There are days in October when the weather is just perfect for doing garden chores. While there is nostalgia that the growing season is ending, there's also the promise of new blossoms next spring, and we think of those as we plant our bulbs.
I am planting no tulip bulbs, of course, as the deer devour them! But I am planting lots of Alliums. They're a member of the onion family so deer disdain them. The flowers appear after the daffodils end so extend the spring blooming period.
Alliums produce round globes on slender stalks, and there are large ones and small ones, but most are purplish-pink or blue in color and last a long time in the garden.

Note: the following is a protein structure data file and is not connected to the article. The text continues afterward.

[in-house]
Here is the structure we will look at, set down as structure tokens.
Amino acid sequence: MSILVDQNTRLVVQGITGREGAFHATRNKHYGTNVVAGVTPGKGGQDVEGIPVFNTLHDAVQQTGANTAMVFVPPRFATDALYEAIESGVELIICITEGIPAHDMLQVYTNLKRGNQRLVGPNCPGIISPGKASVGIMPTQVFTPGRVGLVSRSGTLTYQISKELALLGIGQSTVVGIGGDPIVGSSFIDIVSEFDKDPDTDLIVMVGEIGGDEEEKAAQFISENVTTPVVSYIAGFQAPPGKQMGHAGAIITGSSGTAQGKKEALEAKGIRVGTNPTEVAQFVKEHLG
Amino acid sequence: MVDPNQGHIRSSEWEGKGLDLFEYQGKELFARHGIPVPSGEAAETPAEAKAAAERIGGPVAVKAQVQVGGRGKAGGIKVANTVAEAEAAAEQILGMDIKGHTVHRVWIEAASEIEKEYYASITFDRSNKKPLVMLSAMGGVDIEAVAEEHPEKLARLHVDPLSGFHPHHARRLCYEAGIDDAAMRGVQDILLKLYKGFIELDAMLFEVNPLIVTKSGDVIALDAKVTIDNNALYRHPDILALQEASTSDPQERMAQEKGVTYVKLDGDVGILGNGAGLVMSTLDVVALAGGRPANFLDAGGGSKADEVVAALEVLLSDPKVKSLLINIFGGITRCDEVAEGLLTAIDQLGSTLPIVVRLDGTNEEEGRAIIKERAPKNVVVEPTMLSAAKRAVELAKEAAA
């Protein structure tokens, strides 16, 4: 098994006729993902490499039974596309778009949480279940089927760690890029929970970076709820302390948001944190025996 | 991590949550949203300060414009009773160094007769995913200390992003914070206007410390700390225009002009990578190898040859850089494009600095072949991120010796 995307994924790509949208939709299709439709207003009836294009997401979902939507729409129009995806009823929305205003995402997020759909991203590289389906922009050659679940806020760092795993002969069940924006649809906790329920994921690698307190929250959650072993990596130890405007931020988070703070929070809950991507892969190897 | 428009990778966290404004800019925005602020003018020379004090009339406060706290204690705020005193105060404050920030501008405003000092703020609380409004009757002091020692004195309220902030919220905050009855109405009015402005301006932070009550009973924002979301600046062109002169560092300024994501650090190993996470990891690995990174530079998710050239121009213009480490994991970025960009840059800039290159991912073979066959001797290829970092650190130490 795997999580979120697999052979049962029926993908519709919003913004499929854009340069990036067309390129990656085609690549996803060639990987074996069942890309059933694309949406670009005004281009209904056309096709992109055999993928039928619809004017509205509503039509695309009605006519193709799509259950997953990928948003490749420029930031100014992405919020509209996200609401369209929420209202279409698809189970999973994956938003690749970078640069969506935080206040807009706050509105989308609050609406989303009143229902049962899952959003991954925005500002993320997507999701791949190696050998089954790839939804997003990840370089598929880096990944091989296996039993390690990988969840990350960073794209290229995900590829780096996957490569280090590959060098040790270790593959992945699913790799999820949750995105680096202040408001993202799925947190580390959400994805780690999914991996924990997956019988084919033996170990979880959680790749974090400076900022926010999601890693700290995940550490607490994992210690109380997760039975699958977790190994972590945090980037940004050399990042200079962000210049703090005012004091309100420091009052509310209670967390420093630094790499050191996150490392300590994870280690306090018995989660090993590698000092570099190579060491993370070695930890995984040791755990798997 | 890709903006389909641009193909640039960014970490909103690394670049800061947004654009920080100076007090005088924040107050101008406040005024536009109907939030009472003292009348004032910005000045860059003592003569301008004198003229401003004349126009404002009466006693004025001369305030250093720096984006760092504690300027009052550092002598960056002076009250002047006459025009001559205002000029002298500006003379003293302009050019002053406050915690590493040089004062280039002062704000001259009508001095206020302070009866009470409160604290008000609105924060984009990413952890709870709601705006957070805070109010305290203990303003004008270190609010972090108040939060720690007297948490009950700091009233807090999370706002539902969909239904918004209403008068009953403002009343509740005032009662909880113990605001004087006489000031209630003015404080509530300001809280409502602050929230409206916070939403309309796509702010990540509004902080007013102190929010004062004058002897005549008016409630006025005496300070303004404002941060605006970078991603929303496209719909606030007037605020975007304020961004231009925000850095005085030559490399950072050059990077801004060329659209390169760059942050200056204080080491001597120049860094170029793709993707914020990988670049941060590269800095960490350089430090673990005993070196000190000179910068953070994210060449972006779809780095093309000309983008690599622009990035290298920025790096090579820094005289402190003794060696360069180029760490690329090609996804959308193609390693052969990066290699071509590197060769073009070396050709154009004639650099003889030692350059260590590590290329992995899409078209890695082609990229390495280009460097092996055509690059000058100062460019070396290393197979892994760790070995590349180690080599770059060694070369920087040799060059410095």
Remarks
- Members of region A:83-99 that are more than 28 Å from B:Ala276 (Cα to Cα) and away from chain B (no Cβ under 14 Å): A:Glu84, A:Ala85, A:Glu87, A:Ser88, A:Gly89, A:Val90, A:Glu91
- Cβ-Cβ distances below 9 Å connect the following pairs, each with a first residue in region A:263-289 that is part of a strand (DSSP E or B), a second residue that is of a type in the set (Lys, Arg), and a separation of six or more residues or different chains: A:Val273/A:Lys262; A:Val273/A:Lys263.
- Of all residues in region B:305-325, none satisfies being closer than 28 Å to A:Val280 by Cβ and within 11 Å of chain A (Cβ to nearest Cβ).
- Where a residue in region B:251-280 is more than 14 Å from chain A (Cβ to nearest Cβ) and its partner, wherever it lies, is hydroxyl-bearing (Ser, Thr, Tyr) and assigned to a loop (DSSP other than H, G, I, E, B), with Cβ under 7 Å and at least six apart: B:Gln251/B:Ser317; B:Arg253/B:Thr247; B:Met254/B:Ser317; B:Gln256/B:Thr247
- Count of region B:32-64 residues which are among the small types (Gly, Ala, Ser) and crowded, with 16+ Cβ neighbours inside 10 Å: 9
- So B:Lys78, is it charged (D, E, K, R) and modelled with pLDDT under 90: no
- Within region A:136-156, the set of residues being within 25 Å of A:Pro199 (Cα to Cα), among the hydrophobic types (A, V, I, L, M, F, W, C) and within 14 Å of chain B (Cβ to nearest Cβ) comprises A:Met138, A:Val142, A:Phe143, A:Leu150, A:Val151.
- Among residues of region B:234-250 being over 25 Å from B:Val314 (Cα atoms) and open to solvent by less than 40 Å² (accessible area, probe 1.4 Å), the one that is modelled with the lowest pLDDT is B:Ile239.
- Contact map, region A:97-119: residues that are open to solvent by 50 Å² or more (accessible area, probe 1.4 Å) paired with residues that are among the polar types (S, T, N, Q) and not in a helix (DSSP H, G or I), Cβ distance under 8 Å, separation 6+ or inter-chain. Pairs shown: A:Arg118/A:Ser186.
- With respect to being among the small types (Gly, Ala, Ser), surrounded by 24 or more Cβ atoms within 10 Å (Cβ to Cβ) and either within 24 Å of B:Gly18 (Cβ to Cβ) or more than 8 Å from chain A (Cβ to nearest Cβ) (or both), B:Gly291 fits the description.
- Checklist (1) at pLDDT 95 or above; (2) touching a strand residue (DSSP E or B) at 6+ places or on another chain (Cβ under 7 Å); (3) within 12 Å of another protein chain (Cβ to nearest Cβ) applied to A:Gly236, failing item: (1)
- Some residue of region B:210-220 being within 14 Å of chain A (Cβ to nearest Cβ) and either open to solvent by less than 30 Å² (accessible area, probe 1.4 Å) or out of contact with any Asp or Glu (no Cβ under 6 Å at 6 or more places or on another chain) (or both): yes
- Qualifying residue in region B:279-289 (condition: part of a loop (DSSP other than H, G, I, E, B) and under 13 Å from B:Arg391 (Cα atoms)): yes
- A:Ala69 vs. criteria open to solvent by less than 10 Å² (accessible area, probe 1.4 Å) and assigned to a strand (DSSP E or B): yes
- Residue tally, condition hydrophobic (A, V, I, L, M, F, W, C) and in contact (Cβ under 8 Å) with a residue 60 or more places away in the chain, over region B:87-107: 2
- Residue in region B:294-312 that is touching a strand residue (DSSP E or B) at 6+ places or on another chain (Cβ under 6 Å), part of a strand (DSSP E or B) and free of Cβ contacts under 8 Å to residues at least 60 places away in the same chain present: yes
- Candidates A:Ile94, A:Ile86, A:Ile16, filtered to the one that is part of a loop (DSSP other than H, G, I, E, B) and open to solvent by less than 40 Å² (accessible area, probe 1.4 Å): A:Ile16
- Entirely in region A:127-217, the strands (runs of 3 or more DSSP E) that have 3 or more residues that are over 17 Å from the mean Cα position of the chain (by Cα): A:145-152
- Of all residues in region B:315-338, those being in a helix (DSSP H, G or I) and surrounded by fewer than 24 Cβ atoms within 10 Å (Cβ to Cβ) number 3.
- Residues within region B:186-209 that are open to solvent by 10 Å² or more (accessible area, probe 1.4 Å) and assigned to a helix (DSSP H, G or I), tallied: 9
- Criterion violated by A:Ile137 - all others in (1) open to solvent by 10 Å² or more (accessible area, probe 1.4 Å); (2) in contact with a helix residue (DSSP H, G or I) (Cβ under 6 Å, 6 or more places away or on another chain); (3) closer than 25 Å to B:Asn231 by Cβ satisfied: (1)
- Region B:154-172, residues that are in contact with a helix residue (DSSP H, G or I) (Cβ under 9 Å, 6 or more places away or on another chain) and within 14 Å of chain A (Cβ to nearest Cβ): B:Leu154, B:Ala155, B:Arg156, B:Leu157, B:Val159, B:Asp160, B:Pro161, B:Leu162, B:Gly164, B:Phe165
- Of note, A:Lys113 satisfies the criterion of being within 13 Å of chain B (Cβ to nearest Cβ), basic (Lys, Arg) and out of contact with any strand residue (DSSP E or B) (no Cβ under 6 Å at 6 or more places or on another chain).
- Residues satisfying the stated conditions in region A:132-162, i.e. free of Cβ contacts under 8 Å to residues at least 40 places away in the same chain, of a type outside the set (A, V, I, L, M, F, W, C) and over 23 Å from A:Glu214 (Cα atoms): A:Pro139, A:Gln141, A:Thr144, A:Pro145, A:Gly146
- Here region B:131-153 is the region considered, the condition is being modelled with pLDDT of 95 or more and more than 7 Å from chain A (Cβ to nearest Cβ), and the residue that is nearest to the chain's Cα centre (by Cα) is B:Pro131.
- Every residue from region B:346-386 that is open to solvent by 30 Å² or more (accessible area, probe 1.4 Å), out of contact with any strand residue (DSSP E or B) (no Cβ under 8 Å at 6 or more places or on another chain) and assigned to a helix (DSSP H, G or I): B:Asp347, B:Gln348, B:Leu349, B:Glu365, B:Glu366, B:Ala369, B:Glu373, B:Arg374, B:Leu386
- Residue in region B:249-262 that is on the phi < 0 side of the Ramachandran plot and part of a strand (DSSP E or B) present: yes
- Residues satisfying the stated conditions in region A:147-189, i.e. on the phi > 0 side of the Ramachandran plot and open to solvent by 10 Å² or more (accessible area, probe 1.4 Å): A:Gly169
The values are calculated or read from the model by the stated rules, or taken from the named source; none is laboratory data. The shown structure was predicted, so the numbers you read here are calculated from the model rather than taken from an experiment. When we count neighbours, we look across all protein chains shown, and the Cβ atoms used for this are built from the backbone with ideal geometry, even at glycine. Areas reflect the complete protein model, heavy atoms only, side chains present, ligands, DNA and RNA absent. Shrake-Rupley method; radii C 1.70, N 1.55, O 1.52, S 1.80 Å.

As well as planting bulbs, there are chores like cutting down spent plants and raking leaves. Elizabeth Lawrence, 1644-1720, wrote,
"Even if something is left undone, everyone must take time to sit still and watch the leaves turn."
So pause a while and enjoy the views this October. As John Burrows, 1837-1921, observed, "How beautifully leaves grow old. How full of light and color are their last days." And Emily Bronte, 1818-1848, said, "Every leaf speaks bliss to me, fluttering from the autumn tree."